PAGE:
Of course, CBA uses the tools in its sales and services as well, identifying high value customers and their propensity to respond to offers. Pegasystems rolled out new “customer empathy tools” this year to all of its customers for those marketing and sales scenarios. When the company announced the new features, which puts organisations “in the shoes of the customer” it highlighted CBA as an organisation which had developed similar tools of its own accord using Pegasystems software years ago.
Burton told Which-50 just because a person is eligible for a financial product, and likely to buy it, does not mean it should be offered.
He said the bank had developed “guard rails” to ensure such decisions were not automated or left to AI. The bank uses three elements to asses these type of scenarios. Firstly, is an absolute eligibility – is there anything stopping a customer from accepting an offer like age requirements for example? Software does the heavy lifting in this step, analysing millions of potential customers, removing those not suitable.
Second is the “should test” – should a customer be offered a product or service. At this point the bank deliberately avoids any AI use, according to Burton.
“We still hard code those rules in,” Burton says, “To make sure they’re not AI driven, there’s not greyness in them as such. We sit down as a business and work out what’s our appetite for those sorts of things? And then we hard code it into the system.”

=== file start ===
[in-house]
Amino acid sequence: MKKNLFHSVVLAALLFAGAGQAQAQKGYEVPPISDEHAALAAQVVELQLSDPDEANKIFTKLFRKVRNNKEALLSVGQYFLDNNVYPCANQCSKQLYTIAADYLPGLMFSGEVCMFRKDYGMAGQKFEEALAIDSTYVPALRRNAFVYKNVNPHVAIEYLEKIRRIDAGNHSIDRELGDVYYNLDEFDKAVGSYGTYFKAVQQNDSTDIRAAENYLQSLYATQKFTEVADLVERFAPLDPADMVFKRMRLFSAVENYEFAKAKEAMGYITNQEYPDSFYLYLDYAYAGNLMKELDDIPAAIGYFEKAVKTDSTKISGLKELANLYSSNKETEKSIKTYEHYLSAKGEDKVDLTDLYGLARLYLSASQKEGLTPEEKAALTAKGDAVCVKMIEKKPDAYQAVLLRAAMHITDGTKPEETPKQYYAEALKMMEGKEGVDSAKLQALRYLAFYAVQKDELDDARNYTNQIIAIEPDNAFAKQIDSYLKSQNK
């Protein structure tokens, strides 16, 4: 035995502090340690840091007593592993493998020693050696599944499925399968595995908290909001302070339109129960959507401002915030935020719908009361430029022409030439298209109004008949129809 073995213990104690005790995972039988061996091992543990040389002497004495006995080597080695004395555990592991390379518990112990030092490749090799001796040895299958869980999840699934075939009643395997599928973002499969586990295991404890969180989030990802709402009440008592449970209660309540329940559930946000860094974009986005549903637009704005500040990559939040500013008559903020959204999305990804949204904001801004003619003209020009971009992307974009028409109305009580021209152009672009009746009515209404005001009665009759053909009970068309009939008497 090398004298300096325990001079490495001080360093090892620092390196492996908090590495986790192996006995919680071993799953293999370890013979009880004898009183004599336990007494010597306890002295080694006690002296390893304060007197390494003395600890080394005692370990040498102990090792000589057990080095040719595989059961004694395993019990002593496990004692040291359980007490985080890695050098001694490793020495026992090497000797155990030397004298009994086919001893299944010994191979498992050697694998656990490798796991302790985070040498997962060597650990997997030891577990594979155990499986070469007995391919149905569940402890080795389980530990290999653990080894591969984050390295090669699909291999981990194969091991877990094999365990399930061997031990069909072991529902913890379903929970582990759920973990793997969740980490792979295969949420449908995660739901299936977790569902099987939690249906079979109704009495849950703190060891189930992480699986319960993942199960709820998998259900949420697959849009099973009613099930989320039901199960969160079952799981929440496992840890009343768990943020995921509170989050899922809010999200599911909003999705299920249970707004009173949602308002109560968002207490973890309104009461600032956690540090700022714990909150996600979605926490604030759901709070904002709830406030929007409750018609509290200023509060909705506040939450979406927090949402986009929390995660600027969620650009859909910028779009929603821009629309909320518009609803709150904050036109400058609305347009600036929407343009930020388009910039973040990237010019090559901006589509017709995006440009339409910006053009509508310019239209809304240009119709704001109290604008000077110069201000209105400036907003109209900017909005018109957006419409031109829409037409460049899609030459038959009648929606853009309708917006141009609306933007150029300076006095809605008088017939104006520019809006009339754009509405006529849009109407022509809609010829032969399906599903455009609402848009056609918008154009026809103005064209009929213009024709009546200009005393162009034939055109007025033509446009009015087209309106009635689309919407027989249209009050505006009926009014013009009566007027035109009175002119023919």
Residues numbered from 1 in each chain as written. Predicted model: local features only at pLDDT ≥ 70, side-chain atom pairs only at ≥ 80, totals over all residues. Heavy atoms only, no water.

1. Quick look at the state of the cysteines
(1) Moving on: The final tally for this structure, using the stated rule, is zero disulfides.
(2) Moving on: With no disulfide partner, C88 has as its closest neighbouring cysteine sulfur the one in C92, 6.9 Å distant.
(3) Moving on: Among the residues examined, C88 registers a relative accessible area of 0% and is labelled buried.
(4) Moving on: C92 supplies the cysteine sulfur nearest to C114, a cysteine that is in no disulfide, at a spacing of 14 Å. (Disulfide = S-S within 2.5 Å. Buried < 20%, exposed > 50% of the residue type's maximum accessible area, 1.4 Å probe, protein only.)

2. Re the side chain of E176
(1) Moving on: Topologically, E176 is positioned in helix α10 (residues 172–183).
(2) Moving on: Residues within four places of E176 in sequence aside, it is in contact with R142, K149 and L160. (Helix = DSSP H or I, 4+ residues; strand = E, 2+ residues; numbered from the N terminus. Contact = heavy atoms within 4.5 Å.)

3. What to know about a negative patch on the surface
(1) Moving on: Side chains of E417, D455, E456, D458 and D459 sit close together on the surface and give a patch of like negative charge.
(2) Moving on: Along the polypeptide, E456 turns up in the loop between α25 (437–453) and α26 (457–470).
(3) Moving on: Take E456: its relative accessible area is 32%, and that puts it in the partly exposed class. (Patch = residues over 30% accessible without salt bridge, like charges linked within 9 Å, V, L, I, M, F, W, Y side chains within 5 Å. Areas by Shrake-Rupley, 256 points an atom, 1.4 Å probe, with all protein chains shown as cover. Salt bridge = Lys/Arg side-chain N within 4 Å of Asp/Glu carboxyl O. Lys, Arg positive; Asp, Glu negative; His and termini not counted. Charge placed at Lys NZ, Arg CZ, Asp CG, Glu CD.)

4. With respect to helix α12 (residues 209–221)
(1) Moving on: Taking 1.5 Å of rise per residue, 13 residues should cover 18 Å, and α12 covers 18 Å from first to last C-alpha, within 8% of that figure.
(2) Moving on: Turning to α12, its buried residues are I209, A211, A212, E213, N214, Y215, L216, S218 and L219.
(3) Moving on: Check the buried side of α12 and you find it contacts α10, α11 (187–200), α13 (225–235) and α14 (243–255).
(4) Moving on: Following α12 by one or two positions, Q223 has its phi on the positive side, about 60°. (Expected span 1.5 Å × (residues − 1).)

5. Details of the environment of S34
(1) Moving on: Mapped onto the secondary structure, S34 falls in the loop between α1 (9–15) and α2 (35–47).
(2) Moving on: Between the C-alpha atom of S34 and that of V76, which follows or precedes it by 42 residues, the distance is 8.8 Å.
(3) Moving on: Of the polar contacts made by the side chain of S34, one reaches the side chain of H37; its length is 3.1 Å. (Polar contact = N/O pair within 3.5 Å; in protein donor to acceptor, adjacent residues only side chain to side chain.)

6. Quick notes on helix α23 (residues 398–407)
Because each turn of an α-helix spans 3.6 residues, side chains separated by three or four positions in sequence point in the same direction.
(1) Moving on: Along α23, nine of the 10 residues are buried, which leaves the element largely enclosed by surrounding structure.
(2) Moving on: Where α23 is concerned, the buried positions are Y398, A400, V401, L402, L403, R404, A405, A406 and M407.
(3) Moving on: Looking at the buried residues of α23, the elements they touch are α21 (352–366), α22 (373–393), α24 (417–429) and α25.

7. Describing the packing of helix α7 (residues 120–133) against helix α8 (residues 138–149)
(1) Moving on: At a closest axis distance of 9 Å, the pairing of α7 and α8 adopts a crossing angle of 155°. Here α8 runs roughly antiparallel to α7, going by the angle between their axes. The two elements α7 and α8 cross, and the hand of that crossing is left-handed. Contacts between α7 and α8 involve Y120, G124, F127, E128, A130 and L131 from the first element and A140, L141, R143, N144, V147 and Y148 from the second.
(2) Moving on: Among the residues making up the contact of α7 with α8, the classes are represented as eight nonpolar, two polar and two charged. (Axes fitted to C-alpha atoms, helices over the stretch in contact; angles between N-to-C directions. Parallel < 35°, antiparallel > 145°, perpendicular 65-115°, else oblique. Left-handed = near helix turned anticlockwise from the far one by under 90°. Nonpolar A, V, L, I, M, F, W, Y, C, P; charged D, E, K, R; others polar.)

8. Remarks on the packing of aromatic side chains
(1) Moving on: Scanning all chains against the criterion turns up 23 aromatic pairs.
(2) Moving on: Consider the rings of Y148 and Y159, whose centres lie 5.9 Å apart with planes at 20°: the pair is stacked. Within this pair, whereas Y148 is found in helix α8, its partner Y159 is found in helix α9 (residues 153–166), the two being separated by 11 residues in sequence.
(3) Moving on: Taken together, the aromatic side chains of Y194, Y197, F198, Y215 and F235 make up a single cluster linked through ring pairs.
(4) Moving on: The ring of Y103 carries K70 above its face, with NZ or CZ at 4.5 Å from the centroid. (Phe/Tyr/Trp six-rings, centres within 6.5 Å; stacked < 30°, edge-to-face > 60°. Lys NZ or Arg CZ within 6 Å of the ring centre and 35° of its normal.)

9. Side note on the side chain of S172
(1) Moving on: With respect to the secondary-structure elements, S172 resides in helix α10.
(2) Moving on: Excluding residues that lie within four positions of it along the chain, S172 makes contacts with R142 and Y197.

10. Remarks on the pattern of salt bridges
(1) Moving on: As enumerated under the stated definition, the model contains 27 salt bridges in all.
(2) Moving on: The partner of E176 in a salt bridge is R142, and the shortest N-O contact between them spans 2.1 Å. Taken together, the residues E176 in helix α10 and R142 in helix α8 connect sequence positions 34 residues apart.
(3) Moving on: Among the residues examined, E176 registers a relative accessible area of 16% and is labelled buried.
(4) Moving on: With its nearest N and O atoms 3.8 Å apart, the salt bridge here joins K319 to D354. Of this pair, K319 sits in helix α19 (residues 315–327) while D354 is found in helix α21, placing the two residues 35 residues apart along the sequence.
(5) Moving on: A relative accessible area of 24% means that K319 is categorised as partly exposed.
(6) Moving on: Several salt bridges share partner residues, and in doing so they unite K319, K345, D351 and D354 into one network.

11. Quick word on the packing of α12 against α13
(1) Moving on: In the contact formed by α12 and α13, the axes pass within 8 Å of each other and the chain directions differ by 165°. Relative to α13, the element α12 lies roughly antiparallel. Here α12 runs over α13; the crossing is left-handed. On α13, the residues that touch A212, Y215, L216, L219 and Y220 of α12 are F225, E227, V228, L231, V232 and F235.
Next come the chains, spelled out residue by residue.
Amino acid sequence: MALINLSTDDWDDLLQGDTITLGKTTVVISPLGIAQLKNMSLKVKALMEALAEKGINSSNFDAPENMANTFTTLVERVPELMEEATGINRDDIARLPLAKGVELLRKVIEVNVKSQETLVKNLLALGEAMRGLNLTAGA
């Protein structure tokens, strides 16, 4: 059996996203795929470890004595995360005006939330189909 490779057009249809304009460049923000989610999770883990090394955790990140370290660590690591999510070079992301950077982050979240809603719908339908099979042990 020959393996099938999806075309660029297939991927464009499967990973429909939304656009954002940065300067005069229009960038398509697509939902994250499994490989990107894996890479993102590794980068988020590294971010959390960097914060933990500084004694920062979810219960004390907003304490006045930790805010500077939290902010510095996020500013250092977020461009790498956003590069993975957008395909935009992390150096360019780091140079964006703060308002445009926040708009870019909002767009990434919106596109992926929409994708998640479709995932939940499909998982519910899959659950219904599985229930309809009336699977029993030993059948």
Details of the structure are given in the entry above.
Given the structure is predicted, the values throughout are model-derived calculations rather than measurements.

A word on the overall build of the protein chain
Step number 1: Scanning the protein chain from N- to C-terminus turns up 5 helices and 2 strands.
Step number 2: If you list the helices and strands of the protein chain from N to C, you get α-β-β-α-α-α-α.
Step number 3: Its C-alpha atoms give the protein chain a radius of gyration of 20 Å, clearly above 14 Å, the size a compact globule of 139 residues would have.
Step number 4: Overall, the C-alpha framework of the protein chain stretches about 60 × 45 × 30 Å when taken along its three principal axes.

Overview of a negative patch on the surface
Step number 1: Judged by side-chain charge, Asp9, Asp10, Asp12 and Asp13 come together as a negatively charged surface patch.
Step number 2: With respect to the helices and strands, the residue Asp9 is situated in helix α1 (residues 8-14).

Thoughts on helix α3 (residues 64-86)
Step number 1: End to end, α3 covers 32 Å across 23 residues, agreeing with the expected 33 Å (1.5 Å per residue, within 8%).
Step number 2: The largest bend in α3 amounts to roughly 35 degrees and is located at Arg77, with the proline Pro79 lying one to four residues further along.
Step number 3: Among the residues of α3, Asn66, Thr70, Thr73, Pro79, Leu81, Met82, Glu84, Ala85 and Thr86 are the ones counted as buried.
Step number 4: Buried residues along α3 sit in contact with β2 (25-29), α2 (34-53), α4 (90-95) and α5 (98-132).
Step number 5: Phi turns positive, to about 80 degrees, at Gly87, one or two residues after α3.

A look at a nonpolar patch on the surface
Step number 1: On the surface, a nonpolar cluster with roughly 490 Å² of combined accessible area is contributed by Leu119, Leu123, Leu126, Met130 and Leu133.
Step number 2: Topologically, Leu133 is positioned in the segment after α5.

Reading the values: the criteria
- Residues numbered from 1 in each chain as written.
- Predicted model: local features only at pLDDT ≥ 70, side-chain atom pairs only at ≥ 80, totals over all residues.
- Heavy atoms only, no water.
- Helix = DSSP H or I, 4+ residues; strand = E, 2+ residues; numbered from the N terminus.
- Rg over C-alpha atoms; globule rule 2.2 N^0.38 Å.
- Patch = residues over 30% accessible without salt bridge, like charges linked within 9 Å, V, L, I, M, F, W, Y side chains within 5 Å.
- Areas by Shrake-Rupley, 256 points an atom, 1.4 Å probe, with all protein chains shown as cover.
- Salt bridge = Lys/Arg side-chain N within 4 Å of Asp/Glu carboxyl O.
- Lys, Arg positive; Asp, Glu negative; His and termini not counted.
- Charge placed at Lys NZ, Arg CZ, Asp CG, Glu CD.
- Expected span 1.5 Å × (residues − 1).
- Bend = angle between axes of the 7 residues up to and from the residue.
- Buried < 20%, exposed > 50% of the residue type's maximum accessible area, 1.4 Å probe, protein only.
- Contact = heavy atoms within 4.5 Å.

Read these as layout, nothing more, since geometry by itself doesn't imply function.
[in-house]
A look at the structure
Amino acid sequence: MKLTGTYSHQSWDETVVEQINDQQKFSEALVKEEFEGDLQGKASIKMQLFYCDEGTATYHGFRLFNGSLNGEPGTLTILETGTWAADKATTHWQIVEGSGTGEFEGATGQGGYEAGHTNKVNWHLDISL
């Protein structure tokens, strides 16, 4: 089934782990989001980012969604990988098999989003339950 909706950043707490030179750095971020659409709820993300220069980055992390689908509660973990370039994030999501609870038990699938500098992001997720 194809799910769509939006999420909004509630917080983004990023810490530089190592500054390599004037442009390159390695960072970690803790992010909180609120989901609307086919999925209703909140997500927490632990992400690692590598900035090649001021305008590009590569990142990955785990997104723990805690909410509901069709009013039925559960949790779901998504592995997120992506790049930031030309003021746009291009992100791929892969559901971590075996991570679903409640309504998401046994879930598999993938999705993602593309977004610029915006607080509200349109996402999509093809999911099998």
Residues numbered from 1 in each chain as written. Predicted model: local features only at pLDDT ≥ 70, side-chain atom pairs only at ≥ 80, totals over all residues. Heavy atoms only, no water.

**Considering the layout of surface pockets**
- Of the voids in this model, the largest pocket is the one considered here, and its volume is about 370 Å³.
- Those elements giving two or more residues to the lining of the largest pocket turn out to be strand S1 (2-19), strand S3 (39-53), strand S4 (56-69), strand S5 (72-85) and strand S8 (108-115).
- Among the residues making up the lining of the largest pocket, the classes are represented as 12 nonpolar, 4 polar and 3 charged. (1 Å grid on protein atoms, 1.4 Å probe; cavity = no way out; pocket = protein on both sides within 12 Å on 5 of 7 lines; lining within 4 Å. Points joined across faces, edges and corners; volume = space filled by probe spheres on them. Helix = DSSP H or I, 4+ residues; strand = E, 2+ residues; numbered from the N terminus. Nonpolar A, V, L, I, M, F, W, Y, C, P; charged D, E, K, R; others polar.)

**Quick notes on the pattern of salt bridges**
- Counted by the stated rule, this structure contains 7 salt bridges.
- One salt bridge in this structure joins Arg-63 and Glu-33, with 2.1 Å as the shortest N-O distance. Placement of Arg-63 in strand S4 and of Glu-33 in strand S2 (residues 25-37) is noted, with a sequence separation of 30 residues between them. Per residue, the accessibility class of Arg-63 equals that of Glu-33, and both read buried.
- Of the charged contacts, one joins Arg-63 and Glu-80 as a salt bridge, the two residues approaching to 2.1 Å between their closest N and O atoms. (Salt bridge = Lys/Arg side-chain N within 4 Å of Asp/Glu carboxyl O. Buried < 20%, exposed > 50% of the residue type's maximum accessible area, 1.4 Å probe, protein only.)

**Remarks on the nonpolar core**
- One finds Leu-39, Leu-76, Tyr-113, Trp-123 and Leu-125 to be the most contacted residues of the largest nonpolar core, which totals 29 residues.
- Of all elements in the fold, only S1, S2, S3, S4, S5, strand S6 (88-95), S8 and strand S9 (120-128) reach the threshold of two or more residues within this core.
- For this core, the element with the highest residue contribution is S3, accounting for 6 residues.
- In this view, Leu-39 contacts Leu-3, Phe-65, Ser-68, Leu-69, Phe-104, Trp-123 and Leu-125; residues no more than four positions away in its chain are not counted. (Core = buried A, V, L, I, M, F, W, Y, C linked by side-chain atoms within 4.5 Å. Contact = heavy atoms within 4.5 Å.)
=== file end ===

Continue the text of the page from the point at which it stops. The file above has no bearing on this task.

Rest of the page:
Finally, there is the “propensity” element – “How likely is the customer to want that thing? And that’s where we, we pull out all the stops,” Burton said.
At this point AI becomes very useful, Burton explained, predicting a customers likelihood to respond to an offer and the next best course of action for the bank. But he insists it can’t reach that point without the proper non AI checks and balances.
The current system took several years to build and mature, and Burton says finding the talent to construct it initially was hard because of a lack of local talent.
“When we first started this a couple of years ago, we scoured the world for [talent] … If you went back five years trying to find decisioning talent in general was a hard thing to do. So we hired people from Turkey, we hired from Spain, we brought [Chief Analytics Officer] Andrew [McMullan] across from RBS to help run at once it was in place.”
That skills gap for decisioning experts locally still hasn’t closed much over the years, Burton says, but the basic understanding of some of the technology is improving.
“I think more people get it – the outcome. Part of it was selling the outcome, not just the technical side of it. I think more people are getting the unified decisioning connected to all channels is the thing to do with data and the intelligence in it. And I think more businesses subscribe to it so you don’t have to do the selling internally.”
Finding “skills on the ground”, however, remains a challenge, Burton said, noting competitors were experiencing similar challenges.
“There are many people who have tried to emulate the same things we’ve done in the region, and also around the world, and I don’t think they’ve quite got there yet.”
A previous version of this article stated CBA analyses 1.8 billion data points in decisioning analysis. The correct amount is 157 billion data points.